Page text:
“We know that rural Canada isn’t on this government’s radar, but suggesting unemployed
workers should be pleased that they don’t have it worse is callous and short-‐
sighted. Bruderheim is in the centre of the Industrial Heartland where so many residents have been directly impacted by the downturn in the energy sector,” said M.P. Stubbs. “People in Lakeland often tell me that they just want to get back to work, but if the government is going to make this support available to hard-‐hit regions, it makes no sense to exclude Bruderheim.”
M.P. Stubbs also expressed serious concern with the Liberal government’s detrimental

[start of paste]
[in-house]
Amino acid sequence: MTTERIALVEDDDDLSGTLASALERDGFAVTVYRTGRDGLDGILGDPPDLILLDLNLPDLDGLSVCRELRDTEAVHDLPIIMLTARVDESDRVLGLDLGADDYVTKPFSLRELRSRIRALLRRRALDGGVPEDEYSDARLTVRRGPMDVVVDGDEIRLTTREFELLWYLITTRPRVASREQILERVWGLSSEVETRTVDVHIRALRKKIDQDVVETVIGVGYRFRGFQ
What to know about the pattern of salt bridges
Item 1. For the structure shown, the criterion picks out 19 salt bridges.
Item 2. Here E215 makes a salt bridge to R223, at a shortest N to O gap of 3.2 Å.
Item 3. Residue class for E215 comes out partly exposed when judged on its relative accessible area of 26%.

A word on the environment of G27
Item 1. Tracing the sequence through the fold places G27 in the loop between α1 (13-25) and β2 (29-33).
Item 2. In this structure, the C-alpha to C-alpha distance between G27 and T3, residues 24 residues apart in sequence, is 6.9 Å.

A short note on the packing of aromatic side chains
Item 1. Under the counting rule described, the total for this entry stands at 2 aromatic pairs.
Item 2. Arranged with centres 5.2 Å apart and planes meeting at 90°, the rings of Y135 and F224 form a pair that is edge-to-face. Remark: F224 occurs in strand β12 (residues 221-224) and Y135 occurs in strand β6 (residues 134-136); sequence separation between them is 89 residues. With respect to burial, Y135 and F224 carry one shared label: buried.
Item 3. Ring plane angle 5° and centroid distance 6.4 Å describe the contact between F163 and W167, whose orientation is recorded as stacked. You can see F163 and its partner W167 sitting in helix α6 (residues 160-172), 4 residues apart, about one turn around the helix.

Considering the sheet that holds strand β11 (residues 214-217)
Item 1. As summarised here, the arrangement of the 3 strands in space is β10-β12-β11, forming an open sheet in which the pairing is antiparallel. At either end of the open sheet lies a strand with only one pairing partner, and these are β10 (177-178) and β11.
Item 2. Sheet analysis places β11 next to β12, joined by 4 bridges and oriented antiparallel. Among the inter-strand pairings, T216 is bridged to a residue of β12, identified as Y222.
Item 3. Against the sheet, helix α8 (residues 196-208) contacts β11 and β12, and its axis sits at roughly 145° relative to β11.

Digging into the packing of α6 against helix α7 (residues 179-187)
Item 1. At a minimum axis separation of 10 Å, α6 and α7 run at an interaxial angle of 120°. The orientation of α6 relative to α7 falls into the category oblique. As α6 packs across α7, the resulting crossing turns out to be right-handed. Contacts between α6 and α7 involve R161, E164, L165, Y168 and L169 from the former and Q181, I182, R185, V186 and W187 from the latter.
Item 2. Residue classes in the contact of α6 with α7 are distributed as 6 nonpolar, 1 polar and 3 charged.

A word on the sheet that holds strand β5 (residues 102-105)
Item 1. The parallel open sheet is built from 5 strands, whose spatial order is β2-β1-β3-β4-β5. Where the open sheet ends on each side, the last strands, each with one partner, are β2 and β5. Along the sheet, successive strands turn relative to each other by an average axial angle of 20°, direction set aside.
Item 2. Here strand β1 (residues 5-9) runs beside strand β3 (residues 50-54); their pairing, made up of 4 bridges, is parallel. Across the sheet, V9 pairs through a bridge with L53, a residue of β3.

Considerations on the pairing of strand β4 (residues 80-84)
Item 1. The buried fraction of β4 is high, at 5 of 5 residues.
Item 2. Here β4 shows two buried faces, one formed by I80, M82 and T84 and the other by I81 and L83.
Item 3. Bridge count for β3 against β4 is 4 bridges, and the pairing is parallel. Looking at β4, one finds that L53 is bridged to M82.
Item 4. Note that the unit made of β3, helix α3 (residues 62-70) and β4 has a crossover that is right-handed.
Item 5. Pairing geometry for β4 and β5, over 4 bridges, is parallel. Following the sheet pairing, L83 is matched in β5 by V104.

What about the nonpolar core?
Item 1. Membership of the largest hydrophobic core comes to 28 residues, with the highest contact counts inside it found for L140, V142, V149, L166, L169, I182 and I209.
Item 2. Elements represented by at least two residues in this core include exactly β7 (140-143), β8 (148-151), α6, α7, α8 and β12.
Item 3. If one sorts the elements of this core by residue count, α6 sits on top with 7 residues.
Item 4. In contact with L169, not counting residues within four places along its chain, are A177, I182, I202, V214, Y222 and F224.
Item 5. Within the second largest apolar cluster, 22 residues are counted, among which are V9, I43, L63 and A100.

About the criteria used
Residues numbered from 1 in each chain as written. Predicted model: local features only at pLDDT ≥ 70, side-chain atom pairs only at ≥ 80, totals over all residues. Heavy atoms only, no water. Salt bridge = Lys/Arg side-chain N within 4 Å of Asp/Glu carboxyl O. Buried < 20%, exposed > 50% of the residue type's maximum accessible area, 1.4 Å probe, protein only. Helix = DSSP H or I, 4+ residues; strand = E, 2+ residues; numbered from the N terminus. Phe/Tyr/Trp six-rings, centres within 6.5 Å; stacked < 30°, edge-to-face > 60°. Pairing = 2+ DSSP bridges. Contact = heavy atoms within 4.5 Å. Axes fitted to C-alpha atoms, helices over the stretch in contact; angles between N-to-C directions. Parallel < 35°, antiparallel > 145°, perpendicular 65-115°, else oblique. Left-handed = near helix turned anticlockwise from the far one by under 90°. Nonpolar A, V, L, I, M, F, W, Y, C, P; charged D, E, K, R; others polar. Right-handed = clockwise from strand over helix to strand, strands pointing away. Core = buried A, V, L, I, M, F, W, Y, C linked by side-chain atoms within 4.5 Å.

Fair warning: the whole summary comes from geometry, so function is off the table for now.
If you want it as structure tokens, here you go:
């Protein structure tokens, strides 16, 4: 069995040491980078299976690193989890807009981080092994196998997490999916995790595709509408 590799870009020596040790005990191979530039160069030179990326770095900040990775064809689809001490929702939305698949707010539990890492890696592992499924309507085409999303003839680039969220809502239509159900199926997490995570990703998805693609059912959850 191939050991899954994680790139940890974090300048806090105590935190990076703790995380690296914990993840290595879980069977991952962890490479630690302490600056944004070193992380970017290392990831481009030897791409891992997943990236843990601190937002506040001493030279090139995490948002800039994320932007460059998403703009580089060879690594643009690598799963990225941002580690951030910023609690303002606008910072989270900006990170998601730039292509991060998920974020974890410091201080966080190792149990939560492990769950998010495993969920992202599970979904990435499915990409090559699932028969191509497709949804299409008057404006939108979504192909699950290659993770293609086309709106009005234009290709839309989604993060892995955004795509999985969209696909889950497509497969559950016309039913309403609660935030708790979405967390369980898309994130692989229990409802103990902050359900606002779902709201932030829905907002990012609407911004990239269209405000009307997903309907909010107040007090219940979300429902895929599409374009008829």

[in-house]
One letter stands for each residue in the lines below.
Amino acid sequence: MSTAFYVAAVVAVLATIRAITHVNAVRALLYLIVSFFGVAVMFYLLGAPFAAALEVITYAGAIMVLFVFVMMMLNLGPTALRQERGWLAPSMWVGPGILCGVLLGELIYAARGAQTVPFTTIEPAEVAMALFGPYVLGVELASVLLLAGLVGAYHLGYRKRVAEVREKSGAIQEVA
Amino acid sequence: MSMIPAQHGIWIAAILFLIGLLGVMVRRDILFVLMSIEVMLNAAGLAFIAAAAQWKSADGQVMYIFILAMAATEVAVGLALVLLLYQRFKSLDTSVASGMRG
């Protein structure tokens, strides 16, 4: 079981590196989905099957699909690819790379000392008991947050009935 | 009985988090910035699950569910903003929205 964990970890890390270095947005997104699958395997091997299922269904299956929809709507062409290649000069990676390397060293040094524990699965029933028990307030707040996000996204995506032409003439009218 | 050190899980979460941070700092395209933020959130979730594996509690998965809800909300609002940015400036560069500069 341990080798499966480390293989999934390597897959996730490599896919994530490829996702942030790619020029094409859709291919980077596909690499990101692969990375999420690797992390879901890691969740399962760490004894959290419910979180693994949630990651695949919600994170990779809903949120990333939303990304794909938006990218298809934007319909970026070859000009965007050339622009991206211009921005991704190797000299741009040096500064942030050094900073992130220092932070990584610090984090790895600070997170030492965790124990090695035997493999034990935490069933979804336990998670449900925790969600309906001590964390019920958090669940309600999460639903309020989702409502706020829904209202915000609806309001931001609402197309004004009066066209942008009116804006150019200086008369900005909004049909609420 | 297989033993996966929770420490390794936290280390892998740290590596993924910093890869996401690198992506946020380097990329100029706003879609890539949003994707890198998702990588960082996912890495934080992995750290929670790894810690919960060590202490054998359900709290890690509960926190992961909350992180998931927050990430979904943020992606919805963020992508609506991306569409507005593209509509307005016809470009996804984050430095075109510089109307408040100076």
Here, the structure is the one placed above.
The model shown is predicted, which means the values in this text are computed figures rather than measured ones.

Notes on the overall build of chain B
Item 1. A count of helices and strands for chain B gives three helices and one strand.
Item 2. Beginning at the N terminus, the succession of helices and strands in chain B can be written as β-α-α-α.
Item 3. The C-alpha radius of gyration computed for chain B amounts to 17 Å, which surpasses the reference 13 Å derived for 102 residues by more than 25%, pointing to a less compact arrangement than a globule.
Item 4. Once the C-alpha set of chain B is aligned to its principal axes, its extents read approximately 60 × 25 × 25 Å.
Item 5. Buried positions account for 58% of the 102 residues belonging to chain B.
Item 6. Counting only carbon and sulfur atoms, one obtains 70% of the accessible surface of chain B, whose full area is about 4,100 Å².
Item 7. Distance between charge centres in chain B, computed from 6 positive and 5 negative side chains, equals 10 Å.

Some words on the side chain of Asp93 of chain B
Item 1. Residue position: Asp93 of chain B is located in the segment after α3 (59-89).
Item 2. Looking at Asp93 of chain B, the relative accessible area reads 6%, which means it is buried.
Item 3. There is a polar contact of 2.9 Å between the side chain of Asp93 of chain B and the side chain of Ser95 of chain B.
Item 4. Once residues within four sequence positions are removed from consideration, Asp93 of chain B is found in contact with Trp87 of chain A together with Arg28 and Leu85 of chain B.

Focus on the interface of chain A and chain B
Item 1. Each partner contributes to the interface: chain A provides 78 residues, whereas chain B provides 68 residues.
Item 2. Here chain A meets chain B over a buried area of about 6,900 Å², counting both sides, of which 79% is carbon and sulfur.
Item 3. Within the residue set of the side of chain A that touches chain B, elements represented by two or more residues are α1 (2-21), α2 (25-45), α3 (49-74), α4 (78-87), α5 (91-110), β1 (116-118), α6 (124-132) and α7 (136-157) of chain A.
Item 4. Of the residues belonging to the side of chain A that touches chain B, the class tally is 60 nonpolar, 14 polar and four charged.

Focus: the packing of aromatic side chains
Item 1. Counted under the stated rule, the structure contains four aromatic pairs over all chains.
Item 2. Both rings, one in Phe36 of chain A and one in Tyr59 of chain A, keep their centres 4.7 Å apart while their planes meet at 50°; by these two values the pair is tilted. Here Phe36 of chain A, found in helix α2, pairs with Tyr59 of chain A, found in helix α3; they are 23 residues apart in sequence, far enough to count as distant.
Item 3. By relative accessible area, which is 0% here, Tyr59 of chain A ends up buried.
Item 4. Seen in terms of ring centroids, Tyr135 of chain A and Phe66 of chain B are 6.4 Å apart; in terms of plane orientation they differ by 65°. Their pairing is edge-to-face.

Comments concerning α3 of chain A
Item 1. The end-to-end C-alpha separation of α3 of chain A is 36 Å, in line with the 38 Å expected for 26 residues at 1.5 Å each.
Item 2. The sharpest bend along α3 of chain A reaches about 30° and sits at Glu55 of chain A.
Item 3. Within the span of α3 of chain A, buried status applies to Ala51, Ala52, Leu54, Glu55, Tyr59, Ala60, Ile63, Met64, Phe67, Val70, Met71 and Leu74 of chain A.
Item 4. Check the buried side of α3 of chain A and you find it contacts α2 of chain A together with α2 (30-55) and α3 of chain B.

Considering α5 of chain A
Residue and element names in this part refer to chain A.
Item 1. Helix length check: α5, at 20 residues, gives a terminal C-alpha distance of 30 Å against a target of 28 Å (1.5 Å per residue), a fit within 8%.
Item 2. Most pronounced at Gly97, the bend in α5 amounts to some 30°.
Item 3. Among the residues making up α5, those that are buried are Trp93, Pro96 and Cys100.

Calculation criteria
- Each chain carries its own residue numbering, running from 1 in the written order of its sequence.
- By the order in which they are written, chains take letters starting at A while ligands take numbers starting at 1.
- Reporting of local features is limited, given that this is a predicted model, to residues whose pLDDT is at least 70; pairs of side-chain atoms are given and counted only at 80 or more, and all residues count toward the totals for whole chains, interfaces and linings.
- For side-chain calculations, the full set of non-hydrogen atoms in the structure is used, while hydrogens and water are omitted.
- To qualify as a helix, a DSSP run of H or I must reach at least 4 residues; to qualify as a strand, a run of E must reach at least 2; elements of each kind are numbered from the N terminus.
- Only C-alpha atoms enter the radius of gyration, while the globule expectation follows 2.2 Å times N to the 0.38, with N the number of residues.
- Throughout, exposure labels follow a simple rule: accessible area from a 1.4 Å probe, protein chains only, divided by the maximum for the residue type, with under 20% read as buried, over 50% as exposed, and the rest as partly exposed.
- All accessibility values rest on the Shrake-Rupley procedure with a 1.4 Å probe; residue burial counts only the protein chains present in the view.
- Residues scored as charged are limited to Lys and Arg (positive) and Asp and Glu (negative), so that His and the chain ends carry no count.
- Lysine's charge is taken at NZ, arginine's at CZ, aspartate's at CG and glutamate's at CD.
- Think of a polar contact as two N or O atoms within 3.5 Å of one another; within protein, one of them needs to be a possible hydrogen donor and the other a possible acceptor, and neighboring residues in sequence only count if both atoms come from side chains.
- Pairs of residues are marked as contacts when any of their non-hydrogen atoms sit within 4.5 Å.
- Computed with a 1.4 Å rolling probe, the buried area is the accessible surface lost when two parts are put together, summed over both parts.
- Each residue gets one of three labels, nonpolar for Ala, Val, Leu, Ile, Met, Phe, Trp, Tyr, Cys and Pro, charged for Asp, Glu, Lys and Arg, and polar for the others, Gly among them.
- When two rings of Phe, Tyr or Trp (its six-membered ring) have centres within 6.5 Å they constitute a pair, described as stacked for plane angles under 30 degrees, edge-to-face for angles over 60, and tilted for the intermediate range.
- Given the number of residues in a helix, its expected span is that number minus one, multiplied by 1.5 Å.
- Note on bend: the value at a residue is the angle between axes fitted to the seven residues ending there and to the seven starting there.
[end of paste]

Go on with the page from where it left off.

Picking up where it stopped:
approach to the Canadian energy sector that exacerbates job losses.
“The Liberal government’s failure to recognize Bruderheim as a town in the heart of a region hit
the hardest by the energy downturn is symptomatic of a larger problem,” said M.P. Stubbs. “While proponents of energy projects try to create thousands of jobs, the Liberal government introduced increased layers and costs to the regulatory process and a moratorium on crude oil tankers on B.C.’s North Coast. They’ve hired anti-‐energy activists in key senior advisor roles and hob-‐knob with American anti-‐Canadian energy lobby groups. These actions undermine confidence in the energy sector, cause widespread uncertainty, and contribute directly to job losses at the very worst time.”
“Instead of increasing job losses being driven by the sustained drop in oil prices, this